An interview study on how undergraduate students navigated the educational and social experiences of education through the videoconferencing platform Zoom. We draw from Michel de Certeau’s notion of ‘making do’ in everyday life to analyze how participants frame Zoom as both a loss (of physical space) but also an opportunity to develop new habits and routines in the name of surviving and living well during a pandemic.
Gilmore, J.N., Hamer, M., Erazo, V., and Hayes, P. Indexing an insurrection: Video transmission during the U.S. Capitol Riots. (manuscript being written, research completed)
Visual analysis of content shared through seven different digital platforms (Facebook, Twitter, Parler, Snapchat, DLive, Twitch, and Periscope) during the Jan. 6, 2021 U.S. Capitol Riots. We demonstrate how the events look different across platforms, as users mobilized different affordances to shape their approach to documenting what was happening in and around the Capitol. We call this a technocultural protest, and use it to extend literature on how protest movements form and organize through social media platforms through attending to the form of amateur documentation as significantly political and focused on crafting particular historiographic understandings of this event
Gilmore, J.N., Erazo, V., Hayes, P, and Hamer, M. ‘It’s 1776, baby’: The Capitol Insurrection as revolutionary performance. (manuscript being written, research completed)
This content/textual analysis of video content shared through seven digital platforms during the Jan. 6, 2021 U.S. Capitol Riots focuses on how participants drew from language associated with the U.S. Revolutionary War as a means to validate an attack on the federal government. Through examining costumes, flags, chants, and music, we consider this through the lens of performativity and argue that it is a performance meant to extend populism into the realm of political revolution.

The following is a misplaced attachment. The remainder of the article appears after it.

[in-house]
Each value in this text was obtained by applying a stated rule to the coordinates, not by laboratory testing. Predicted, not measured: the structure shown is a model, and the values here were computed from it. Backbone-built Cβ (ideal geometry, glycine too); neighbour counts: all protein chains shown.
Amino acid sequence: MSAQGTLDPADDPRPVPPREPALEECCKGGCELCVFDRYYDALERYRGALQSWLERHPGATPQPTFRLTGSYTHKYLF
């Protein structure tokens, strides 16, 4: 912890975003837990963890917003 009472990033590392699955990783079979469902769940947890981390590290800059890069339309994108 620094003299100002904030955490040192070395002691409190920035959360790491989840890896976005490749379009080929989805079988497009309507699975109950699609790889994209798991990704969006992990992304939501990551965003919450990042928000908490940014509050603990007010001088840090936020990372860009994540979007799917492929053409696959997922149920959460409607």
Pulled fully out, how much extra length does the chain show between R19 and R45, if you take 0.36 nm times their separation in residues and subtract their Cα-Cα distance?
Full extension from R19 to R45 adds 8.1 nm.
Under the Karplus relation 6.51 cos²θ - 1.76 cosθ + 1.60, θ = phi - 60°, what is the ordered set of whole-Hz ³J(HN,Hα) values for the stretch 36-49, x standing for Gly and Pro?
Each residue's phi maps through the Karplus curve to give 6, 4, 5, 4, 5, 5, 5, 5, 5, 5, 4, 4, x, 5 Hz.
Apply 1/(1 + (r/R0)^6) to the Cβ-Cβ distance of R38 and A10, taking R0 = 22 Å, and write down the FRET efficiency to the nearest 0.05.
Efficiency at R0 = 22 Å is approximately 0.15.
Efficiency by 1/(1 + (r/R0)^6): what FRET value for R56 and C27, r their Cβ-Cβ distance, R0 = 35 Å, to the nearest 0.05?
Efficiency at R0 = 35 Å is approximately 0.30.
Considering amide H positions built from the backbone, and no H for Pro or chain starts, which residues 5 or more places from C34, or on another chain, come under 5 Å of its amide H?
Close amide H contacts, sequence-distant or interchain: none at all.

Gilmore, J.N., Sierra-Rivera, J., Grumet, M., Beddingfield, S.,and Hayes, P. Dismantling white supremacy through pints of ice cream: Mapping corporate responses to #BLM, 2016-2020.
This discourse analysis examined how four different companies–Ben & Jerry’s, McDonald’s, Nike, and Pepsi—crafted advertising and public relations that incorporated (if not co-opted) the language of Black Lives Matter. We consider the stakes of corporate “solidarity” in sociopolitical affairs, and how violence against black bodies becomes a means to promote consumer activism and commodify protest.
Read our 2020 annual report, to learn more about our research studies and our accomplishments and plans.
Currently, the Collaborative is in Phase one of its development. Here is our projected timeline for growth as we work over the coming decade to build a formal Center for Communication and Culture at Clemson University. If you would like to collaborate with us or join the work we are doing, please feel free to reach out. You can contact me at jngilmo [at] clemson [dot] edu.
Phase One: 2020-2021
Focusing on developing consistency in the work of undergraduate research teams, this phase is focused on producing research studies each semester and building the reputation of the Collaborative amongst undergraduate and graduate students in the Department of Communication.
Phase two: 2021-2023
Once we have demonstrated viability with our publication record, we will begin pursuing external grants to fund research assistants and more large-scale research studies. As we pursue these grants, we will also network with our colleagues in other departments at Clemson University, as well as colleagues at other universities in the southeast and beyond. If you would like to partner with our collaborative on a grant, please let me know!
Phase three: 2023-2025
After developing a pipeline of grant funding to support and extend our larger research projects, we will begin the process of working with Clemson’s College of Behavioral, Social, and Health Sciences and Department of Communication to establish a formal Center for Communication and Culture at Clemson University. This would create a more formal home by allowing us to transition from a “Collaborative” to a “Center,” giving us greater visibility to form interdepartmental and intercampus networks for our projects.
By 2026: Formal establishment of the Center for Communication and Culture